The Prarie Provinces, Saskatchewan and Manitoba – Saskatchewan and Manitoba, Canada
The Prairie Provinces, Canada – January 2002
Saskatchewan and Manitoba
Ice Fishing 101
Who knew a hole in the ice could be so much fun?
Winter on the Prairies is what you make of it. The majority of the population takes cover indoors, huddling under blankets and gorging on carbohydrates until the green grass pokes through in spring. The rest of us refuse to let the ice and snow win and take to the outdoors every chance we get, whether it be for a snowshoe hike, some fast-action tobogganing, or to stick a line through the ice and catch some fish.
When I first moved to this area the concept of ice fishing seemed, quite frankly, ludicrous. Really, who in their right mind goes out in thirty below to stand in the middle of a frozen lake hoping a fish may wander by? The first time I tried it was so I could thereafter knock it knowledgably – little did I know that I would be hooked (pardon the pun) in less than an hour.
What I discovered is that when the ice fishing is good, it is a fast and furious sport that makes you forget how cold the air around you is. It is a cheap and fun way to whittle away a frosty day, get some exercise and maybe your dinner as well. If you find yourself visiting the Prairies during the winter months you can try ice fishing with very little money; just make sure you have a lot of time in case you too get lured in (last fishing pun, I promise).
What you need
One of the best things about ice fishing is you need very little equipment to have a go at it. Some people hit the ice with a hut, gas auger, wood-burning stove and a picnic lunch. This is all very nice, but all you really need is some ice fishing line, bait and a hole or two to fish through. While an auger is handy you can get by without one; just approach some nice looking fellow fisher-people on the ice with a ‘this is my first time look’ and they’ll drill the holes for you. You’ll also need an ice strainer (a metal scoop that looks like a colander) to keep your hole clear, but if you look pathetic enough those nice folks who lent you their auger will probably give you one.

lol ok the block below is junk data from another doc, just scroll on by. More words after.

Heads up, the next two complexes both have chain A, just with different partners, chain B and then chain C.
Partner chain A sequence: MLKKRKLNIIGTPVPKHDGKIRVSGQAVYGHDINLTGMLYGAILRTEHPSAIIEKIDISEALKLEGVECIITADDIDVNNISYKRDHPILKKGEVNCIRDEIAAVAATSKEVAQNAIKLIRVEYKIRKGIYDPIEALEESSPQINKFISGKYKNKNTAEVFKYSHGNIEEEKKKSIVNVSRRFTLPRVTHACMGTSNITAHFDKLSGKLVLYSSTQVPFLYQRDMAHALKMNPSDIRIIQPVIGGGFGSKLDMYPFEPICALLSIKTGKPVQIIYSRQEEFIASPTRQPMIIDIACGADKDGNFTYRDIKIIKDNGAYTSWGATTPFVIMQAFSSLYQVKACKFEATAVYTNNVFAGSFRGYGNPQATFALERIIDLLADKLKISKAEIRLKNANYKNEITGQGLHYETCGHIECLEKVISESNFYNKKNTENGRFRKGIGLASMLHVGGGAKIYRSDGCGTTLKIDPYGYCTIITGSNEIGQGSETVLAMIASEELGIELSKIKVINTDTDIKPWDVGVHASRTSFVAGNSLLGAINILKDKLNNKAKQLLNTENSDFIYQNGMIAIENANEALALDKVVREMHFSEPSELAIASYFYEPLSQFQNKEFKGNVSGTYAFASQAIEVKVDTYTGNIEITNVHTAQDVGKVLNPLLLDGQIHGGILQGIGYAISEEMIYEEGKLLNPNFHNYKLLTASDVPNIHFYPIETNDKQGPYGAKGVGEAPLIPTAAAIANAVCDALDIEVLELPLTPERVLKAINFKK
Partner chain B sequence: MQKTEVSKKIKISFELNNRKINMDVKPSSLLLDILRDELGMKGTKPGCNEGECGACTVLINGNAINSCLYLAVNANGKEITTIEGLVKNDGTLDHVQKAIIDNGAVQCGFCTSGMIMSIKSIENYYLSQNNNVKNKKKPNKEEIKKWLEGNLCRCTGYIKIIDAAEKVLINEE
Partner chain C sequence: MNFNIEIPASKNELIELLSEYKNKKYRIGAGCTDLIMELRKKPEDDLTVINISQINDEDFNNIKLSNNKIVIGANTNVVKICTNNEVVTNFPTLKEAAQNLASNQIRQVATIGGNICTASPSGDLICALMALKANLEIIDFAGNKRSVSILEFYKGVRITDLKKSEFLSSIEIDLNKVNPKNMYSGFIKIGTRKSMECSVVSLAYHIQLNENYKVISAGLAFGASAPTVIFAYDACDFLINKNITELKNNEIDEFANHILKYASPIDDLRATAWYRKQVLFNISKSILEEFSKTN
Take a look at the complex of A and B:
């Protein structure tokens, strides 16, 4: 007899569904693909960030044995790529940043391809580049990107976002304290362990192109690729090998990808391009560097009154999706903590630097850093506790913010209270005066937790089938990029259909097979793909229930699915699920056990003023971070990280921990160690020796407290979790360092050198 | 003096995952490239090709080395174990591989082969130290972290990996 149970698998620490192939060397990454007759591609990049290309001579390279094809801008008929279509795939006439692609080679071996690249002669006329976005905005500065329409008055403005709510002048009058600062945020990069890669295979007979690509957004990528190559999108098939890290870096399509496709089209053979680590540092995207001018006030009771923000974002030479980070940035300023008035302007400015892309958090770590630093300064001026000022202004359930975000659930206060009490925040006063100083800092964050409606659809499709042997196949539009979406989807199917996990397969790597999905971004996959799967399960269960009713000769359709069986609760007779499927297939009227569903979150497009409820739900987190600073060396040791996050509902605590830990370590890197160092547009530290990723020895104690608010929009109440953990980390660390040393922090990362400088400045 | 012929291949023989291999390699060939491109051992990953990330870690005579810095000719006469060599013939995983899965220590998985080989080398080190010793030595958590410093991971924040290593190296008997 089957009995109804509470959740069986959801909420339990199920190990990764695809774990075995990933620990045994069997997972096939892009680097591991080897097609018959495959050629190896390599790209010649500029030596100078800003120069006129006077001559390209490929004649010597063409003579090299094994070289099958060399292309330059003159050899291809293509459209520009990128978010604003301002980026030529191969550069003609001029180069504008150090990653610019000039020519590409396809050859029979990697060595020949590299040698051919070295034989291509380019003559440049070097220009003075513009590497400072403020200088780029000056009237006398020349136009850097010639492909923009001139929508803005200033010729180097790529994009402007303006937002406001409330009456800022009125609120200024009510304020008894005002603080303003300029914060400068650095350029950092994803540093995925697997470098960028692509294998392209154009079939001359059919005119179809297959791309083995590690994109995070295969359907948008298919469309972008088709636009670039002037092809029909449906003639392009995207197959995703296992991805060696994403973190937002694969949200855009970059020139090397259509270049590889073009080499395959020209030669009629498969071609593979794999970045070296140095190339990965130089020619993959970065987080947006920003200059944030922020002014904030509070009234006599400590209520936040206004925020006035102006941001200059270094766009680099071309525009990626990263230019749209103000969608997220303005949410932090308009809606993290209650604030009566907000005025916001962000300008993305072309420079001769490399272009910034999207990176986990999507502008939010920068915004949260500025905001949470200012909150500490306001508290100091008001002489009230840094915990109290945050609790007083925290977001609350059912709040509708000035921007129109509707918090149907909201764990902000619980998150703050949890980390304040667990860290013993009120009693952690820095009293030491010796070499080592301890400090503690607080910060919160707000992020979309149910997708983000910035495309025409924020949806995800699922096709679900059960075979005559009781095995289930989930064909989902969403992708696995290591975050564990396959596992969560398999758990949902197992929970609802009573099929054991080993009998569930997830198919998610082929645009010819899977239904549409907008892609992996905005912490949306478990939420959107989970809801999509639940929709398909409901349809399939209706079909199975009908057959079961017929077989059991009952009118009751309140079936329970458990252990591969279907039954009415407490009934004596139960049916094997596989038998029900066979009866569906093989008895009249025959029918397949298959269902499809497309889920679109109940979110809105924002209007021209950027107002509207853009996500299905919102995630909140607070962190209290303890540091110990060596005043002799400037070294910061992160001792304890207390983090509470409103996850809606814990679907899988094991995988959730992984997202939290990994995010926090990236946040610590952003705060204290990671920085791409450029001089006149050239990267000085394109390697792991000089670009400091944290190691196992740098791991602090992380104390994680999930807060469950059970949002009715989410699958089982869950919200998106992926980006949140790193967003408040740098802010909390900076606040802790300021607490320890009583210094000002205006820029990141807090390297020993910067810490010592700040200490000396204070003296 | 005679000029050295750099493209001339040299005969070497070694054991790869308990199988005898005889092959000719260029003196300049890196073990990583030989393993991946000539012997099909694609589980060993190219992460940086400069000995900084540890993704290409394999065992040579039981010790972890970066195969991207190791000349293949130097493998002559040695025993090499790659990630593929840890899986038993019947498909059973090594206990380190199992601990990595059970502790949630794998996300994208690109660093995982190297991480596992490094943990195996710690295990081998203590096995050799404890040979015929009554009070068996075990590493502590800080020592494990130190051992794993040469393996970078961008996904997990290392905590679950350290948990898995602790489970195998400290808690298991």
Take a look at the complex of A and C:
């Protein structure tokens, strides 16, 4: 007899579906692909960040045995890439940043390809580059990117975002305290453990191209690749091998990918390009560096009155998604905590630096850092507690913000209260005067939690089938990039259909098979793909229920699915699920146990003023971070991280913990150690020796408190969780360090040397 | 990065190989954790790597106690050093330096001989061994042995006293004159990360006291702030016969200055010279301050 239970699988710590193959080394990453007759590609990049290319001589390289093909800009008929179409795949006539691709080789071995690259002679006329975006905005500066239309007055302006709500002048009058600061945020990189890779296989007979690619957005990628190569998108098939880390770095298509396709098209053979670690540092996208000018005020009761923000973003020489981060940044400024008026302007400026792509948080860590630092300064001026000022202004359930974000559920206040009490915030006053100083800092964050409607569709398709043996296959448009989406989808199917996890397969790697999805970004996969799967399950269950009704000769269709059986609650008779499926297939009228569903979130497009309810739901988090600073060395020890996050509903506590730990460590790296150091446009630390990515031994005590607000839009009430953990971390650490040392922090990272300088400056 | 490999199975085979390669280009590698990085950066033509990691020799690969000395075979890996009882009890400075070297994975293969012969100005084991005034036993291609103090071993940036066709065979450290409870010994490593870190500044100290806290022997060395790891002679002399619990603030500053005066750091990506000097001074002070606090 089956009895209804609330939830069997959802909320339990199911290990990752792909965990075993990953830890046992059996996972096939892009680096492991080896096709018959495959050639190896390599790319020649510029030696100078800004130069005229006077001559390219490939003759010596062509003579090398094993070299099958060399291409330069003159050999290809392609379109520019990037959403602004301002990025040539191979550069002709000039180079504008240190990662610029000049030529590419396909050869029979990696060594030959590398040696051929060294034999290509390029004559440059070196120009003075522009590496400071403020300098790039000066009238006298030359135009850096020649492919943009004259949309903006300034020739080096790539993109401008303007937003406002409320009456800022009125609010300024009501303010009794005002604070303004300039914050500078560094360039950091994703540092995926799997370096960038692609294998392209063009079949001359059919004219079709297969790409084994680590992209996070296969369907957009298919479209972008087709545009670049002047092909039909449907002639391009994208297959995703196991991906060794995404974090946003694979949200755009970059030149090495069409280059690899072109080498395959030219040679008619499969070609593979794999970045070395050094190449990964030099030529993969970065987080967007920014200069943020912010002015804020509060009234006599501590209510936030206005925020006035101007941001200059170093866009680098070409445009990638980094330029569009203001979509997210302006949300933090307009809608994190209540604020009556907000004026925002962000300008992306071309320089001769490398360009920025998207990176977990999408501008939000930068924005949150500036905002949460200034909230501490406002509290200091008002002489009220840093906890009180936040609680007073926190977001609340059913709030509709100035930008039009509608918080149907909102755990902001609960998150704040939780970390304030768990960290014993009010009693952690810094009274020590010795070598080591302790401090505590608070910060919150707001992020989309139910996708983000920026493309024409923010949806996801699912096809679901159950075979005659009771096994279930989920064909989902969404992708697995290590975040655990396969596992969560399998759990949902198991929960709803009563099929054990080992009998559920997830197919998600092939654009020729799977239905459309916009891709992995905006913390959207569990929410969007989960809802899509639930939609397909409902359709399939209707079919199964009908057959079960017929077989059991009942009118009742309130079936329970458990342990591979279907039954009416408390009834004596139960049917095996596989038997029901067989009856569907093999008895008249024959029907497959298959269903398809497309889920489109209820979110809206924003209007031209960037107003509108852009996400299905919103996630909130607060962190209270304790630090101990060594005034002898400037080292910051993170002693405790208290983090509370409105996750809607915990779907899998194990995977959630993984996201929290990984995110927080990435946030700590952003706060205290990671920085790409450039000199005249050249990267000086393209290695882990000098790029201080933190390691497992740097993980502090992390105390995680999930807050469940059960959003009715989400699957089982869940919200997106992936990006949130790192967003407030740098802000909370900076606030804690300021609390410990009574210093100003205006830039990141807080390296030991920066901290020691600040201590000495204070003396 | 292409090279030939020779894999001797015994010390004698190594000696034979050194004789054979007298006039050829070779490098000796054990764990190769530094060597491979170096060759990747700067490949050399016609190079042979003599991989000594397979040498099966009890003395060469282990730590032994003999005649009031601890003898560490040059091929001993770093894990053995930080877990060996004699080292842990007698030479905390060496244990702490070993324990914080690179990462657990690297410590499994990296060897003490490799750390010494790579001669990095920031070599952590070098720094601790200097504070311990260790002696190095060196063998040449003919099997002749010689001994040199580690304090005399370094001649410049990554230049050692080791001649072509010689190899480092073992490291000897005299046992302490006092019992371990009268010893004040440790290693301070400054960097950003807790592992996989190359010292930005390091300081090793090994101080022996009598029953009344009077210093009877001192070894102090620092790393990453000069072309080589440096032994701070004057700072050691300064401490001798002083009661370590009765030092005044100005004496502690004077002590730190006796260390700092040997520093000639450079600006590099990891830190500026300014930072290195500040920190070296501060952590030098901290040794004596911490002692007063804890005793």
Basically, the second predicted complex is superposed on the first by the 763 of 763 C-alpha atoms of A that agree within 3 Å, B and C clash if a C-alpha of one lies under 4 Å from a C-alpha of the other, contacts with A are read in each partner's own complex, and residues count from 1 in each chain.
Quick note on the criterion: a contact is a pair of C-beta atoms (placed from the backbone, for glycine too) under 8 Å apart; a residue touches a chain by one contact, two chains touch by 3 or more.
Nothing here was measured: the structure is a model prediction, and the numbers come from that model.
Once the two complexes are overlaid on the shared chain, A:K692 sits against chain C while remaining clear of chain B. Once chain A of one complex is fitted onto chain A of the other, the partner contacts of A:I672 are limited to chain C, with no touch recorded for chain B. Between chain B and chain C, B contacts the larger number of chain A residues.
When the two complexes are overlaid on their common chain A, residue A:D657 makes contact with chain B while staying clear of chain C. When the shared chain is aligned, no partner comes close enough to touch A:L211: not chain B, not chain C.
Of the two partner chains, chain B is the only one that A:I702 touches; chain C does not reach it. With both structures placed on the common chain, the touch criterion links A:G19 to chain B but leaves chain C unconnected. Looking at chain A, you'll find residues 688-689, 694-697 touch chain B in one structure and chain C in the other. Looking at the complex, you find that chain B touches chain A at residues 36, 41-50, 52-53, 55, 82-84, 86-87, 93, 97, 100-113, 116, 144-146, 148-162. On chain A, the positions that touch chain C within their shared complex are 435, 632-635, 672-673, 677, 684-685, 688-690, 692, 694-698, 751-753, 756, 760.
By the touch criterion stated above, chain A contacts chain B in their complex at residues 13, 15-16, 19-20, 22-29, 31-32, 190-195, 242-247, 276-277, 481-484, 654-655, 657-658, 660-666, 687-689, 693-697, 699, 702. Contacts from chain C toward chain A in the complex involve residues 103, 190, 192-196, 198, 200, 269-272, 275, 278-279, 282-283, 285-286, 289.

Most Prairie lakes have good ice fishing for walleye, perch and northern pike. Ask a local bait shop what is biting and they should be able to set you up with some minnows or maggots for next to nothing.
And to state the extremely obvious, dress warm. Sounds like a silly thing to say, I know, but almost every outing I see some poor sap huddled over a hole with no gloves or hat, turning blue around the edges. You don’t need to make a fashion statement while ice fishing: invariably everyone around you will look vaguely like a refugee, so break out the wool hat and keep your noggin warm.
How to do it
It’s a pretty simple sport. You bait your hook, drop it down the hole, and wait for the telltale tug at the end of your rod that tells you the fish are trying your treat. You’ll quickly learn how to time a tug on the line with a quick jerk upwards to hook the fish. When you get into a school you’ll barely be able to drop your hook down before you have another fish on the line.
I’ve found that it sometimes gets easier after a few shots of scotch (strictly to warm up, of course).
Where to go
You can ice fish in almost any lake that you can fish in the summer. Check the provincial regulations (links below) before you go to make sure you are fishing legally. Some of the more popular lakes include Blackstrap and Diefenbaker in Saskatchewan, and Lake Manitoba in, yes, Manitoba. Almost every town has an ice fishing lake within an easy travel distance, and the locals will usually be more than helpful in getting you out there and set up.
When to go
The ice fishing season is technically just an extension of the regular season, so you can go out whenever you want. Having said that, I never go out onto the ice before mid-December at the very earliest, as breaking through thin ice and getting hypothermia is not my idea of a good time. Ask the locals if the ice is safe to walk on, and make sure the water is really, really, really frozen before you attempt to drive a vehicle on the ice. Every year people die from trying to walk or drive on ice that is too thin: if you are the least bit unsure then don’t take the chance.
Fishing reports for Prairie lakes: